• Georgetown Colored School
  • Graded School for Colored Children
  • Peach Orchard School
  • Chambers Avenue School
  • Stamping Ground School
  • Ed Davis School (1929-1956)
  • Zion Hill School [see NKAA entry for Zion Hill]
  • Sadieville School
  • New Zion School
  • Boydtown School
  • Great Crossing School
  • Watkinsville School

  See photo image of c.1920 photo image of New Zion Rosenwald School on p.40 of Rosenwald Schools in Kentucky, 1917-1932 by the Kentucky Heritage Council, and the Kentucky African American Heritage Commission.
Subjects: Education and Educators, Grade Schools & High Schools in Kentucky, African American Schools in Kentucky (Counties A-Z)
Geographic Region: Scott County, Kentucky

African American Schools in Shelby County, KY
Start Year : 1849
End Year : 1956
As early as 1849, a colored school was attempted in Shelbyville, KY; Rev. C. W. Robinson was flogged in the school room by the Shelby County chief patrol officer for Robinson's daring to have a Sunday School for free Negroes and for slaves who were given permission to attend the school. Another early colored school in Shelbyville, was the American Missionary Association School, supported by the U.S. Bureau of Refugees, Freedmen, and Abandoned Lands [see NKAA entry Freedman Schools]. The teacher at the school was assaulted by the county judge and run out of town. Still, there were colored schools established in Shelby County, KY.  In 1880 there were four teachers: Sarah Clark in Shelbyville; Lucy Gwinn in Christianburg; P. Charles Jones in Shelbyville; Lewis Lawson in Shelbyville; and Ada Mumford in Shelbyville [source: U.S. Federal Census]. By 1886, there were 13 colored school districts with 13 colored schools, and two of the schools were open for eight months [source: Report of the Superintendent of Public Instruction, June 1886 and June 1887, pp.64, 76, & 92-93]. Most of the schools were taught in churches. A new school, Colored Common School No.14, in Drewsville was built on land William M. Blackwell sold to the school trustees in 1887 [source: The New History of Shelby County, Kentucky by the Shelby County Historical Society, p.63]. The number of colored schools continued to increase and by 1895, there were 19 colored schools in Shelby County, KY [source: Biennial Report of the Superintendent of Public Instruction, pp.677-680]. There was an average attendance of 708 students, 1895-96, and 1,020 students, 1896-97. There were 25 teachers employed in the schools, and their average monthly salaries were $42.12, 1895-96, and $28.35, 1896-97. In 1898, there were 20 colored schools in Shelby County [source: The New History of Shelby County, Kentucky by the Shelby County Historical Society, p.280].  From 1907-1919, Daisy Morgan Saffell was the school principal at the colored school in Shelbyville, and her husband George W. Saffell Jr. was a teacher at the school [source: The New History of Shelby County, Kentucky by the Shelby County Historical Society, p.170].  In 1912, Lincoln Institute opened in Lincoln Ridge, KY. The school came about after Berea College became segregated by court order. In 1925, J. W. Roberts was the superintendent for the colored city schools; Shelbyville was one of eight city school systems in Kentucky to have a colored school superintendent [see NKAA entry for Colored Superintendents]. J. W. Roberts was also the principal of the Shelbyville Colored High School [source: Kentucky Public School Directory, 1925-1926, p.41]. It was a 3rd class high school with 2 teachers and 26 students. There were 9 elementary schools in the county, and 6 teachers in Shelbyville [pp.68-69]. In 1936, the Shelbyville School System devised a contract for providing high school education to colored students; transportation was provided to Lincoln Institute in Simpsonville [source: The New History of Shelby County, Kentucky by the Shelby County Historical Society, p.272]. The arrangements were made between the schools of Shelbyville, Shelby County, Henry County, and Eminence. In 1940, the Negro teachers were Wil Allen in Shelbyville; Beatrice Boyd in Shelbyville; Marie Brown in Shelbyville; Joseph and Kathleen Carroll in Simpsonville; Katherine Freeman in Simpsonville; Mary Greenfield in Simpsonville; Lamont Lawson in Simpsonville; Lula McCampbell in Simpsonville; Herbert McCoy in Simpsonville; Martha Nuckols in Simpsonville; A. G. Pinbury in Simpsonville; Jewel J. Rabb in Shelbyville, wife of Dr. Maurice F. Rabb, Sr.; James Ray in Simpsonville; Helen Shouse in Simpsonville; James Taylor in Simpsonville; and Whitney Young, Sr. in Simpsonville [source: U.S. Federal Census]. In 1945, fire destroyed the Shelbyville Colored School and a new school was built at the corner of 11th and High Streets in Martinsville [source:  The New History of Shelby County, Kentucky by the Shelby County Historical Society, p.272]. Shelbyville Elementary School was the first to be noted as integrated in the Kentucky Public School Directory, 1956-57, p.447.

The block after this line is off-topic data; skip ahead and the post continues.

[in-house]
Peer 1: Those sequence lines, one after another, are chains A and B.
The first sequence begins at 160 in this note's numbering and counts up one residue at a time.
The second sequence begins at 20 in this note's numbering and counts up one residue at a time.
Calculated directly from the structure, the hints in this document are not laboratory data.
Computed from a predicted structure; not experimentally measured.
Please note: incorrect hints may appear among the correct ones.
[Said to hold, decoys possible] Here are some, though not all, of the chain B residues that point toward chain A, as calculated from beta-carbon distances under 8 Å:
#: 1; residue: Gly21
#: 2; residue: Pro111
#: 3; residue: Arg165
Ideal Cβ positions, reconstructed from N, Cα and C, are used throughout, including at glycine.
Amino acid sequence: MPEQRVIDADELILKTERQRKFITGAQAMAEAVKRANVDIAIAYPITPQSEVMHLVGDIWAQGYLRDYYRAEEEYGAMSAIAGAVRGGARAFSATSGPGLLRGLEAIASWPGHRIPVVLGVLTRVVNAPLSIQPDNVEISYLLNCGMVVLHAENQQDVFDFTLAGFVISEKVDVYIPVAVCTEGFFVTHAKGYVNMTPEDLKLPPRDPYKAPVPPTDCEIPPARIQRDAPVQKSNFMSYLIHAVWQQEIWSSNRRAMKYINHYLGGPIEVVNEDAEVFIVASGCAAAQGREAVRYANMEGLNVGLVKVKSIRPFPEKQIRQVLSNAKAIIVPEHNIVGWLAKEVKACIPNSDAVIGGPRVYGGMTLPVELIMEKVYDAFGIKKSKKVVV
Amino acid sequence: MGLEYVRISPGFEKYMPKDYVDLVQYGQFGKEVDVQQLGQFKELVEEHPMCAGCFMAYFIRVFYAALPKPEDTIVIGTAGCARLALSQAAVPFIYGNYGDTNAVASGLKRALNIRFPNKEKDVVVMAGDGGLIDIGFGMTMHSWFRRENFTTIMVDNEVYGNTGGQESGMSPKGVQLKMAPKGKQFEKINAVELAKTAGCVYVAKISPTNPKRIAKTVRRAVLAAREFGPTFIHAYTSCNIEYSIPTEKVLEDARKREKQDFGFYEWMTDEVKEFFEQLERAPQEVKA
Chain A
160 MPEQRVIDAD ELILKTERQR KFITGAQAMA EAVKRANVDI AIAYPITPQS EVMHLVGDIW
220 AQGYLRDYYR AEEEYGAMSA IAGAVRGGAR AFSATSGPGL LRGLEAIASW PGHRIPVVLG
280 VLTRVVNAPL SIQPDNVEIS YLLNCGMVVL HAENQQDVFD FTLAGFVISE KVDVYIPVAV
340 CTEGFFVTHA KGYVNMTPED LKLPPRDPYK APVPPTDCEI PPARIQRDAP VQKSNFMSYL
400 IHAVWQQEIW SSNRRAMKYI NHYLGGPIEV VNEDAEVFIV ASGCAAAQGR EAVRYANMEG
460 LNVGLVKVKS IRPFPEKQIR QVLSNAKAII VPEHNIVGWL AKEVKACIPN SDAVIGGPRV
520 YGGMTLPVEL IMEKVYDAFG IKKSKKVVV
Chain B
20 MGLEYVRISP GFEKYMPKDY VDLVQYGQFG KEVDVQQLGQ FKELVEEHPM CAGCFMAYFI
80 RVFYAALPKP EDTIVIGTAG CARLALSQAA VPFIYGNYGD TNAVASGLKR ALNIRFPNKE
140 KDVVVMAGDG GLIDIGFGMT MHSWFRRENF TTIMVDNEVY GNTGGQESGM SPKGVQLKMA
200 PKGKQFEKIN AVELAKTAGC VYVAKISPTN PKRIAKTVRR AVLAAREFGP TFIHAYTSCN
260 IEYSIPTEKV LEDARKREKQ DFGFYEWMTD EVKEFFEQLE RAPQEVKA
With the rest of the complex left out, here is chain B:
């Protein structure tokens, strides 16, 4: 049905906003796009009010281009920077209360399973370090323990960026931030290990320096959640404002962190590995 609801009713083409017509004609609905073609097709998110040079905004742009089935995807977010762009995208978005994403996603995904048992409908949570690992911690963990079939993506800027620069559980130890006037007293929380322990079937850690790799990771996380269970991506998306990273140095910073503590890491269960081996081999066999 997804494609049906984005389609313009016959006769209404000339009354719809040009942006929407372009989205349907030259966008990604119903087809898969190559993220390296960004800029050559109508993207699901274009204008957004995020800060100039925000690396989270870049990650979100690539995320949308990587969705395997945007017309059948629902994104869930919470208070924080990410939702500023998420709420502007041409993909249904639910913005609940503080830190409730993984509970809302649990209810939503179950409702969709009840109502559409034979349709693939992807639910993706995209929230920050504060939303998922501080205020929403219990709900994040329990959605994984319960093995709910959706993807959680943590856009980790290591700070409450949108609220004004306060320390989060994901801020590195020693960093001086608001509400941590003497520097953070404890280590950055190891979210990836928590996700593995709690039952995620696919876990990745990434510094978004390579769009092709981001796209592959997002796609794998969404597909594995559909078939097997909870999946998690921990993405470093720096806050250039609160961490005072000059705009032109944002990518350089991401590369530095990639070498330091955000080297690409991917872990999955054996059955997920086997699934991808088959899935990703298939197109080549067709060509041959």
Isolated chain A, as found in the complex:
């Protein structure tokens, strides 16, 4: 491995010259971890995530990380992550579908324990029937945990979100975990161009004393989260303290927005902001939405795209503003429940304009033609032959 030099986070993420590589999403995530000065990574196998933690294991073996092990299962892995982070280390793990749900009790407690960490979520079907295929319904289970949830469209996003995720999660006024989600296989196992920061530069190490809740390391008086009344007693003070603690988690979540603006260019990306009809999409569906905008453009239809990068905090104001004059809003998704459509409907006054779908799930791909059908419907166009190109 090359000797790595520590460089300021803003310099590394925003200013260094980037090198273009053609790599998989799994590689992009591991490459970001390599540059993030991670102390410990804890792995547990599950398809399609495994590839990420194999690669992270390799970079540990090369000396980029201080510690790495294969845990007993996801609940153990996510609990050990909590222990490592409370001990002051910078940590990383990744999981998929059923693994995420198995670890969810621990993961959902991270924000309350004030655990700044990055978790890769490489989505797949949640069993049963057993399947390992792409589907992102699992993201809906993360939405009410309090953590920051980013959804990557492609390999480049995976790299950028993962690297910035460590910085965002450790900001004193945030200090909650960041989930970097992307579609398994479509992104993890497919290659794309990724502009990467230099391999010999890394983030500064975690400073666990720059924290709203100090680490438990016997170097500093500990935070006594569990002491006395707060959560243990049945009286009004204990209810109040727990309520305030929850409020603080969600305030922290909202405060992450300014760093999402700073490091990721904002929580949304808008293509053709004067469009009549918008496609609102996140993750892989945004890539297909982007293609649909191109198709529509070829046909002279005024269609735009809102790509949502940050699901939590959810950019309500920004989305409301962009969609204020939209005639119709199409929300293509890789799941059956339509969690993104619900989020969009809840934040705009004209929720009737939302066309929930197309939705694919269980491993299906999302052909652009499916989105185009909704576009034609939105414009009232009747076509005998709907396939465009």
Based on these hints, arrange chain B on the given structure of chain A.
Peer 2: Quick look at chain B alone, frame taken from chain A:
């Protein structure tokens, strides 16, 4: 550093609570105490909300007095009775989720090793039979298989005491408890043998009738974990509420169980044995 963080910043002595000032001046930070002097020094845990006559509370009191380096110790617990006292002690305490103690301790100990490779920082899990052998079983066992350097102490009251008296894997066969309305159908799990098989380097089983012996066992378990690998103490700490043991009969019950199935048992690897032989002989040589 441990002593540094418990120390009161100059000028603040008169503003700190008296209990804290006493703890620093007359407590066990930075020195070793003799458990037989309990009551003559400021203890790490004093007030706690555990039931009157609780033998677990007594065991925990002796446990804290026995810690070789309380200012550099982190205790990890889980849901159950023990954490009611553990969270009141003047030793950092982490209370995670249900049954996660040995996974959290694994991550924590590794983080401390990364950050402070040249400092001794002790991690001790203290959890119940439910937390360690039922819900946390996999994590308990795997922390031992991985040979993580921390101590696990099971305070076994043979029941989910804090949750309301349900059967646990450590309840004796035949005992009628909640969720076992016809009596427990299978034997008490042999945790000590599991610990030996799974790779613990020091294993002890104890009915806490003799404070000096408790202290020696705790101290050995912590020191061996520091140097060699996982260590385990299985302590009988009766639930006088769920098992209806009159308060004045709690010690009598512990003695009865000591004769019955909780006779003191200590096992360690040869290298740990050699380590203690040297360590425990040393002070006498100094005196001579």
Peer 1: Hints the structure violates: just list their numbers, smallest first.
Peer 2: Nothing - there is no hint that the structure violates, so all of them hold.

• Colored Schools (20)
  • Shelbyville Sunday School
  • American Missionary Association School (supported by the Bureau)
  • Shelbyville School
  • Christianburg School
  • School No.14 in Drewsville
  • Simpsonville School
  • Chestnut Grove School
  • Stringtown School
  • Olive Branch School
  • Todds Point School
  • Southville School
  • Scotts Station School
  • Buck Creek School
  • Harrisonville School
  • Benson School
  • Clarks Station School
  • Logans Station School